Strangers do it. Friends do it. Politicians do it. Even chimpanzees do it.
The handshake, a simple action that carries so many different meanings, is embedded in our history and culture. Our closest living relatives, the chimps, habitually shake hands.
Join Ella Al-Shamahi as she argues that the handshake is built into our biology, rather than simply being a socially constructed gesture, as received wisdom would have us believe. She will trace the history of the gesture from pre-historic times, through some of the most famous handshakes in history, right up to the present day where the handshake has fallen from grace in the face of the Coronavirus pandemic.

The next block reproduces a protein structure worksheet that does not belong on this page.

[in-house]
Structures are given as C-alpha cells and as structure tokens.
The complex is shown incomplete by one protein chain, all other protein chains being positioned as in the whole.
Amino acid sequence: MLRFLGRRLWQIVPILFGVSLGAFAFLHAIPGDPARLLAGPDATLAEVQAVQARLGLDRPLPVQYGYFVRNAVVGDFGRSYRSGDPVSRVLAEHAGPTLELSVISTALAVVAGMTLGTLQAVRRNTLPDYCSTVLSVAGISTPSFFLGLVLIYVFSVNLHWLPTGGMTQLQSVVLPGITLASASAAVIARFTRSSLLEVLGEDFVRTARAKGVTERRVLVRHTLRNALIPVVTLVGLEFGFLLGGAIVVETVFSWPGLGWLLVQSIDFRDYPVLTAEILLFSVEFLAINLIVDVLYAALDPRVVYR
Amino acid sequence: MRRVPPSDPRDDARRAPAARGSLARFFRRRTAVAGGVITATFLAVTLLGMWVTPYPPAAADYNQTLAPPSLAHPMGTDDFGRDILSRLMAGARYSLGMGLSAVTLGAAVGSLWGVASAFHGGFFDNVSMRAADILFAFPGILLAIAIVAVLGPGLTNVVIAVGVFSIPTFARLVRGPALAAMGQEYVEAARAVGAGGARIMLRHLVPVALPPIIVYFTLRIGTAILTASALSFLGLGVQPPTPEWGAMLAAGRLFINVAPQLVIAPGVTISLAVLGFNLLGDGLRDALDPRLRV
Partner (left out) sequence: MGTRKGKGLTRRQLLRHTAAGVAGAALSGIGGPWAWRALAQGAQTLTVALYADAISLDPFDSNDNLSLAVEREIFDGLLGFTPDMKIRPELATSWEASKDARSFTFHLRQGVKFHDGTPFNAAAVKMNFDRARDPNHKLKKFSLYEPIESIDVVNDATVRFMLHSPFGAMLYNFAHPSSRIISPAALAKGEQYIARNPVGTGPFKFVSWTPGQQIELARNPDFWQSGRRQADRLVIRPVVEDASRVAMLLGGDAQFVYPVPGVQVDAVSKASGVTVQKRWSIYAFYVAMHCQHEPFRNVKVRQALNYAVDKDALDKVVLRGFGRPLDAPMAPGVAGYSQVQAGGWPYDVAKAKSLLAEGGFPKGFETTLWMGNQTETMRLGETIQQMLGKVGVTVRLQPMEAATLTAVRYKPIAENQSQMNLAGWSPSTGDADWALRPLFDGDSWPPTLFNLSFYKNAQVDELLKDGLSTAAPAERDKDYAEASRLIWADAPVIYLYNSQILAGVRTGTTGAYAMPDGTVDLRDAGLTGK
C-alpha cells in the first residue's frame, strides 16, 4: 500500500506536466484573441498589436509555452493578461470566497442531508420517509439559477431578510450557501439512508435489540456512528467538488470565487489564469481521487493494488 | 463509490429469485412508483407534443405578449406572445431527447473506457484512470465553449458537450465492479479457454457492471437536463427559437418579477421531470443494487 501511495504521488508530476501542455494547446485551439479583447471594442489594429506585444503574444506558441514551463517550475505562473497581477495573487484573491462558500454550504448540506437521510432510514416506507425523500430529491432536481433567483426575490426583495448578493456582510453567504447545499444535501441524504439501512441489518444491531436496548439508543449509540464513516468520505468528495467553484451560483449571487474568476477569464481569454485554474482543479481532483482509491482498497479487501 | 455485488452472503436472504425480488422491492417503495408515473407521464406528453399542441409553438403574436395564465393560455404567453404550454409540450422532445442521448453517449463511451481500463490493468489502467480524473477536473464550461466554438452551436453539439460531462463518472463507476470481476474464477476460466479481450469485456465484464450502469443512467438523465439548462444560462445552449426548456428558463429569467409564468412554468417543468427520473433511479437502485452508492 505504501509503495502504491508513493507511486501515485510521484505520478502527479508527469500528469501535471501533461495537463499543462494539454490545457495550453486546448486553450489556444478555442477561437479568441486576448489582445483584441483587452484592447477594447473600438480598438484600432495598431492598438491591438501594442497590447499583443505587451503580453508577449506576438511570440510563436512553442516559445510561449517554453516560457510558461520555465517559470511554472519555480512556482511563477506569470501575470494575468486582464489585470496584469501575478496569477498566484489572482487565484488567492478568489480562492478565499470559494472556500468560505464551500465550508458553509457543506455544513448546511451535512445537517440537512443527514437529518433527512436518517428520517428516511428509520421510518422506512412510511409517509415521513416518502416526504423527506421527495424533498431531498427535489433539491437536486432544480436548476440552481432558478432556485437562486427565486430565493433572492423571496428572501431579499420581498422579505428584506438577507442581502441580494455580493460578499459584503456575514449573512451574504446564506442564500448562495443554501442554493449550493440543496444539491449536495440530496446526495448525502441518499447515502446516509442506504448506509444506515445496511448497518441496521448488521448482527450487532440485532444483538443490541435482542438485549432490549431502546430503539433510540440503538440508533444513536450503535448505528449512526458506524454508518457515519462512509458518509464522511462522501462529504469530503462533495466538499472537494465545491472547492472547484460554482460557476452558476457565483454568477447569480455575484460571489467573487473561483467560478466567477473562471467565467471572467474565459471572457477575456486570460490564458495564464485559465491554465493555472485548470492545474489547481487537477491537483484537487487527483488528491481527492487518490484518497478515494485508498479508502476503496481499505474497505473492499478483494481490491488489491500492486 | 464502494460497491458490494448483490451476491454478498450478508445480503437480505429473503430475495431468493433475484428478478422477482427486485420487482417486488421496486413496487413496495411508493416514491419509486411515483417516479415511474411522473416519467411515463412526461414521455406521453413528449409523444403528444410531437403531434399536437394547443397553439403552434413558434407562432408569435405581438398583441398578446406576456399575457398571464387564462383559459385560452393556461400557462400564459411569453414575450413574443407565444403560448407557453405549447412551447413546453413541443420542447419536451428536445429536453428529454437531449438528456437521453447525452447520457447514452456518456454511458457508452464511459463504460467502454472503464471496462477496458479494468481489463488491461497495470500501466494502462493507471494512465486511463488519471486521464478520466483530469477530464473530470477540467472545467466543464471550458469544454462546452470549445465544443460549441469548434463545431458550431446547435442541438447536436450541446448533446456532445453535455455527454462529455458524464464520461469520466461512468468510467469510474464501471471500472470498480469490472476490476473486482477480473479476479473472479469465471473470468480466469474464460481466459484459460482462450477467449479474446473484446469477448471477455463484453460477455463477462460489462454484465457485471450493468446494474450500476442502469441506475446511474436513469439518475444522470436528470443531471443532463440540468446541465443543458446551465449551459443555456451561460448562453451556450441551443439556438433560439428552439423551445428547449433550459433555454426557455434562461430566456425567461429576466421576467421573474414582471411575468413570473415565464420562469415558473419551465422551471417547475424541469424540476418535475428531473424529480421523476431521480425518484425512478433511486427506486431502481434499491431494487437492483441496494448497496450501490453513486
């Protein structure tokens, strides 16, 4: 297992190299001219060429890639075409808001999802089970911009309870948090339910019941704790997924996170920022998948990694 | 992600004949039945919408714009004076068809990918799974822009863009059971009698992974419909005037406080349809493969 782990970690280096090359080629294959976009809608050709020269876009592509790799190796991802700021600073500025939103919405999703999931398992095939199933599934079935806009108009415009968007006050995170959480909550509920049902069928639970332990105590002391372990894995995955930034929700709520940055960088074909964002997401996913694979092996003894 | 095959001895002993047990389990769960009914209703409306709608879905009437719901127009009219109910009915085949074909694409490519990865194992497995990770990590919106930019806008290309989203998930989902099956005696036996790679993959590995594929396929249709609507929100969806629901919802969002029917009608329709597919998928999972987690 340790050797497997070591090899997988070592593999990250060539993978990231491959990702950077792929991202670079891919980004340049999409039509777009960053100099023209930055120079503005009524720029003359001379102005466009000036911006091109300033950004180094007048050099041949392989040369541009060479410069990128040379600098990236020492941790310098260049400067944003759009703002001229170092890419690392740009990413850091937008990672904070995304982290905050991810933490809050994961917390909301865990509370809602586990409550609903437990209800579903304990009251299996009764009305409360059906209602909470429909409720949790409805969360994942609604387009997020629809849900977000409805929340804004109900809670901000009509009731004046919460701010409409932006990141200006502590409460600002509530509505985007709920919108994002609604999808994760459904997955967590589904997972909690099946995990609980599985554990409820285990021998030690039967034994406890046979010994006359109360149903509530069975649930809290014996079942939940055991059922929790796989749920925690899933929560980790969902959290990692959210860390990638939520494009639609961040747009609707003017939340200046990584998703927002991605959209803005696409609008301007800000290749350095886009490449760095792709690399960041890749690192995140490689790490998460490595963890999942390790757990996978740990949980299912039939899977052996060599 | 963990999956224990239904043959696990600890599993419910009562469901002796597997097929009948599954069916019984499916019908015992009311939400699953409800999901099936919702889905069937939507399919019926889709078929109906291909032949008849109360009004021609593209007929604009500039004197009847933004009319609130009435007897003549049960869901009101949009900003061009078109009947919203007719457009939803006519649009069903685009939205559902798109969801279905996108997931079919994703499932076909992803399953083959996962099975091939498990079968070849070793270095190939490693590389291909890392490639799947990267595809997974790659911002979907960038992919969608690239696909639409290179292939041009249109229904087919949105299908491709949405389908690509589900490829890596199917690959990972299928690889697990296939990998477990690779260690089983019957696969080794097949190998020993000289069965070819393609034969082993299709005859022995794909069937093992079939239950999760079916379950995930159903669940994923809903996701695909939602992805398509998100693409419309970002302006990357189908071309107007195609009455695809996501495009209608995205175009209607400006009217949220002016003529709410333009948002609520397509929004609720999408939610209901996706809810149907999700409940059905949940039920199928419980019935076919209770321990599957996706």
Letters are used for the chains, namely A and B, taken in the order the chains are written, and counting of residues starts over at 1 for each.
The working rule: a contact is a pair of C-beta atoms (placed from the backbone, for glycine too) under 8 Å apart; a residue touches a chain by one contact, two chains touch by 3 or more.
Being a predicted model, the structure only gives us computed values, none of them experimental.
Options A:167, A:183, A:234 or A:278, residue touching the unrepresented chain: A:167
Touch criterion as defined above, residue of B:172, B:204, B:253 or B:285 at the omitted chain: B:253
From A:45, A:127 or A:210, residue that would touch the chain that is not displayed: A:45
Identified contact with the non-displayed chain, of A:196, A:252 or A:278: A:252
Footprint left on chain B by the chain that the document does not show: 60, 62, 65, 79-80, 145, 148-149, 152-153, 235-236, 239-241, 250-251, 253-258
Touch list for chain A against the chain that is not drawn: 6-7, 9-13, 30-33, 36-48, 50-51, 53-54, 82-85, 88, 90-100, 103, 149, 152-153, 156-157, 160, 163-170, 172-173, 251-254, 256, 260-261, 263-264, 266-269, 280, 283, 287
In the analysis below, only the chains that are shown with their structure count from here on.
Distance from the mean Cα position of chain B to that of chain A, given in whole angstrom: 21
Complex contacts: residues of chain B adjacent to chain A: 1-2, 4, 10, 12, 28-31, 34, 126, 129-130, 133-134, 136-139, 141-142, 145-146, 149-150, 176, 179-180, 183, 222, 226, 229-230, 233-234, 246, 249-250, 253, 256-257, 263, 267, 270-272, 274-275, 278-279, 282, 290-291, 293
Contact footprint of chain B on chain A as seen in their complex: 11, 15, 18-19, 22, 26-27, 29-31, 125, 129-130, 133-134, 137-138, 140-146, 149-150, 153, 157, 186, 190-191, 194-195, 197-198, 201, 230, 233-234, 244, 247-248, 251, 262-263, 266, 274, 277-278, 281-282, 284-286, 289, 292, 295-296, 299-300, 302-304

About the speaker
Ella Al-Shamahi is a National Geographic Explorer, palaeoanthropologist, evolutionary biologist and stand-up comic. Specialising in Neanderthals, caves and expeditions in hostile, disputed and unstable territories, she is also a TV presenter, a TED speaker and has performed at the Edinburgh Fringe Festival. She has degrees in Genetics, Taxonomy and Biodiversity, and is currently undertaking her PhD in Palaeoanthropology.